America: Torture, War And Terror

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Latin American dictators like Augusto Pinochet, Ernesto Gisel, Hugo Banzer, Alfredo Stroessner and Rios Montt are but a fraction of the murderers that America nurtured. Currently, another notorious terrorist Luis Posada Carriles is being harbored from justice by the U.S. In 1976, Carriles bombed a Cuban airliner murdering seventy-three people

[Speaking Truth To Power]

 

So, President Bush has admitted what some of us have surmised all along: that senior Administration officials including Vice President Dick Cheney, Donald Rumsfeld, former CIA Director George Tenet, John Ashcroft, Condoleezza Rice and Colin Powell all debated the use of specific torture techniques, then, sanctioned them.


This admission came in light of an ABC News interview where Bush stated "Yes, I am aware our national security team met on this issue. And I approved."

In these high-level discussions "enhanced interrogation techniques" like sleep deprivation and water-boarding were, apparently, "approved" for use against terror suspects.


For some time now, it's been known that this Administration has encouraged torture at Abu Ghraib in Iraq and at Guantanamo Bay. Also, the Administration outsourced terror globally by using "extraordinary rendition" where suspects are flown to "black sites," which are secret detention centers, in allied countries in Europe and the Middle East.

According to a June 2006 report from the Council of Europe, an international organization know for its expertise regarding matters of public international law and legal human rights standards, nearly a 100 people have been kidnapped by American intelligence agencies in Europe and "rendered" to "black site" countries.


This wretched reality exposes American foreign policy hypocrisy in this so-called war on terror. How can American politicians talk about exporting "democracy" and "freedom" when it engages in the most inhumane behavior?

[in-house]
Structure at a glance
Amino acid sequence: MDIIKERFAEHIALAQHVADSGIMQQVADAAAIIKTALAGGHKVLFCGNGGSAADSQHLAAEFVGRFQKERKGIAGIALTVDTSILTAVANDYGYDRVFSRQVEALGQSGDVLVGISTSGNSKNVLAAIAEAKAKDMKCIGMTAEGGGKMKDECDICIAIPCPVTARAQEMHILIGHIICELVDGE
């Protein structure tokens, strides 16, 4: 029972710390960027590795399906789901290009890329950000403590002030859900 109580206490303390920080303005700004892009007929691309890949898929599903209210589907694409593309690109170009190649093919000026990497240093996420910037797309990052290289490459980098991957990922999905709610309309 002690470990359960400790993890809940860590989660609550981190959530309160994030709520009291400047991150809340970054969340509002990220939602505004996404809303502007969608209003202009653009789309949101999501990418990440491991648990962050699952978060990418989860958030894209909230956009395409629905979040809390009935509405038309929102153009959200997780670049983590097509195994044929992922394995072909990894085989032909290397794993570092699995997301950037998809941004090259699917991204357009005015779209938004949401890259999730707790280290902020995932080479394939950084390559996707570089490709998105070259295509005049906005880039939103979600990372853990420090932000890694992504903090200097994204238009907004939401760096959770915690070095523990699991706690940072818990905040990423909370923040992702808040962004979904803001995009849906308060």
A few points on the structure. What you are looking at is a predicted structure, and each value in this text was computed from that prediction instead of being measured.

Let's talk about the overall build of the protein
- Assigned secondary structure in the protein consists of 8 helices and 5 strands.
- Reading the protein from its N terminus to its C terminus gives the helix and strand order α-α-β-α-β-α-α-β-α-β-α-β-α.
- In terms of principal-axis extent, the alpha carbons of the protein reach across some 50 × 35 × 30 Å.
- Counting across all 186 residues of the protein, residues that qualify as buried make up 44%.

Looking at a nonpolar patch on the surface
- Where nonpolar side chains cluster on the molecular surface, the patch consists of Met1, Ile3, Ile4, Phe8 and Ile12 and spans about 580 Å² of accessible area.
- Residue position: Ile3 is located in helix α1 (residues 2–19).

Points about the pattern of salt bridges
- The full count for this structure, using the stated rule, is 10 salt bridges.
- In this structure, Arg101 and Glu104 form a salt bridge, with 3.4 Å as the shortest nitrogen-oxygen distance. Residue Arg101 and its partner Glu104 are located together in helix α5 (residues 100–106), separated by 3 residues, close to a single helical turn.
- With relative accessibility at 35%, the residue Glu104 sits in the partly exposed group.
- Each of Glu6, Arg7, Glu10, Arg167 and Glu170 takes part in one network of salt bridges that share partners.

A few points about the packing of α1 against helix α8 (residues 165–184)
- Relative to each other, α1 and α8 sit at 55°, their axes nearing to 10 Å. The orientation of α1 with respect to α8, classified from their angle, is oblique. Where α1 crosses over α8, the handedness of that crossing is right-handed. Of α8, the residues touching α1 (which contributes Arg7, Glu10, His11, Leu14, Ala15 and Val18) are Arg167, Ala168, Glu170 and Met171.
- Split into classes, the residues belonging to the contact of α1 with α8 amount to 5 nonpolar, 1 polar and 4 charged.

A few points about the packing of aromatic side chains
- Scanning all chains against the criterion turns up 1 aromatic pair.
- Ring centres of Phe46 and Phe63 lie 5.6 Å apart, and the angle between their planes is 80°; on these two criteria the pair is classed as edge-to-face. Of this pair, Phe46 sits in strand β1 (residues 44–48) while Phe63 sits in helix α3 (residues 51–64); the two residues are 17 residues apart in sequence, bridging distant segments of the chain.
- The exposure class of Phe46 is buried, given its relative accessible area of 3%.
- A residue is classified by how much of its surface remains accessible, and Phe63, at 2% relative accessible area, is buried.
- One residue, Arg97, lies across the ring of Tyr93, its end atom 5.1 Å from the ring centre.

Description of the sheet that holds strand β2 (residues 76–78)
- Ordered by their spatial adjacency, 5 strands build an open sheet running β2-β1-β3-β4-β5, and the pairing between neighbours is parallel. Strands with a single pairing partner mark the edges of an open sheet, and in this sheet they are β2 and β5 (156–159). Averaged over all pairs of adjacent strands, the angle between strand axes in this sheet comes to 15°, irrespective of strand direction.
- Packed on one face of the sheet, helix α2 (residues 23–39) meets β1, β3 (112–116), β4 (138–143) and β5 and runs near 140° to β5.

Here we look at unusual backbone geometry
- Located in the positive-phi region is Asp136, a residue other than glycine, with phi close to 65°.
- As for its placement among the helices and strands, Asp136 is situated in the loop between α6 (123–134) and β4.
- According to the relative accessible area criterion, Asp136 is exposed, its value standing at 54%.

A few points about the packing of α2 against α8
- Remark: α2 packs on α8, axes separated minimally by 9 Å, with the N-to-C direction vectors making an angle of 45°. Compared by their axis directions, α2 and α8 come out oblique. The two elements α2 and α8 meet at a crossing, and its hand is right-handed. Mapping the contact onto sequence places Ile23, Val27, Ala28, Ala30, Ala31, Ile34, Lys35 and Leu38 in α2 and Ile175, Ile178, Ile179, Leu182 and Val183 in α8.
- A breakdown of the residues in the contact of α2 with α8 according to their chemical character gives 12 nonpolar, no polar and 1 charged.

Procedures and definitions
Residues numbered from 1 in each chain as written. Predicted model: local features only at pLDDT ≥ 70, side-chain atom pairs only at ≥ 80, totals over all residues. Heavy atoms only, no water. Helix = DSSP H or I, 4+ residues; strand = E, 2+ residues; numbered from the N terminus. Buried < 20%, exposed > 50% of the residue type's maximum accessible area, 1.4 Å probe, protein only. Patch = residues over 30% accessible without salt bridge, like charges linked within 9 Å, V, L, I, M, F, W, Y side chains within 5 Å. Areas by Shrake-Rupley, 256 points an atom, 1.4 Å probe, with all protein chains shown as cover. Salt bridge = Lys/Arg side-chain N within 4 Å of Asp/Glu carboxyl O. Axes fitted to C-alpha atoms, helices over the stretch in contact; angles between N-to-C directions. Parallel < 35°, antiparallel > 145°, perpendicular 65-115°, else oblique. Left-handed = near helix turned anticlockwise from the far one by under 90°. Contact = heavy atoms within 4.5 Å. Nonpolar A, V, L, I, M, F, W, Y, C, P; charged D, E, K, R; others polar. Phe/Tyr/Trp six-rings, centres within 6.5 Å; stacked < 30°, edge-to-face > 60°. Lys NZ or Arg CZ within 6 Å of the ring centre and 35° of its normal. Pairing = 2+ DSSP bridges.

We now know that the psychopathic, sadistic methods employed in Abu Ghraib are also being used at Guantanamo Bay. Yet, the torture conducted in "black site" countries raises another troubling layer to this outrage. The clandestine nature of these operations makes it hard to evaluate the true scope of the cases of torture by "rendition."


The revelation that Bush White House officials are engaging in torture in this so-called war on terror should come as no surprise. After all, former Attorney General Alberto Gonzales, in January, 2002, wrote a memo in which he opined that Article 3 of the Geneva Conventions was "quaint" and that protections against torture under Article 3, against Taliban and Al-Qaeda fighters should be ignored. He also wrote a Presidential Order authorizing the use of secret military tribunal for suspects.


The fact that America is torturing, perhaps mostly innocent people, should spur the outrage of Americans. Ask yourself the following: Who and where are these people? How many of them have been proven to have participated in anything related to terror? Where are the convictions that should have been secured based on information obtained from the torture?


Americans often delude themselves into the fanciful notion that they are a "freedom loving" people who have only the best intentions for others. This is dangerous; our best protection is to continue asking government the tough questions.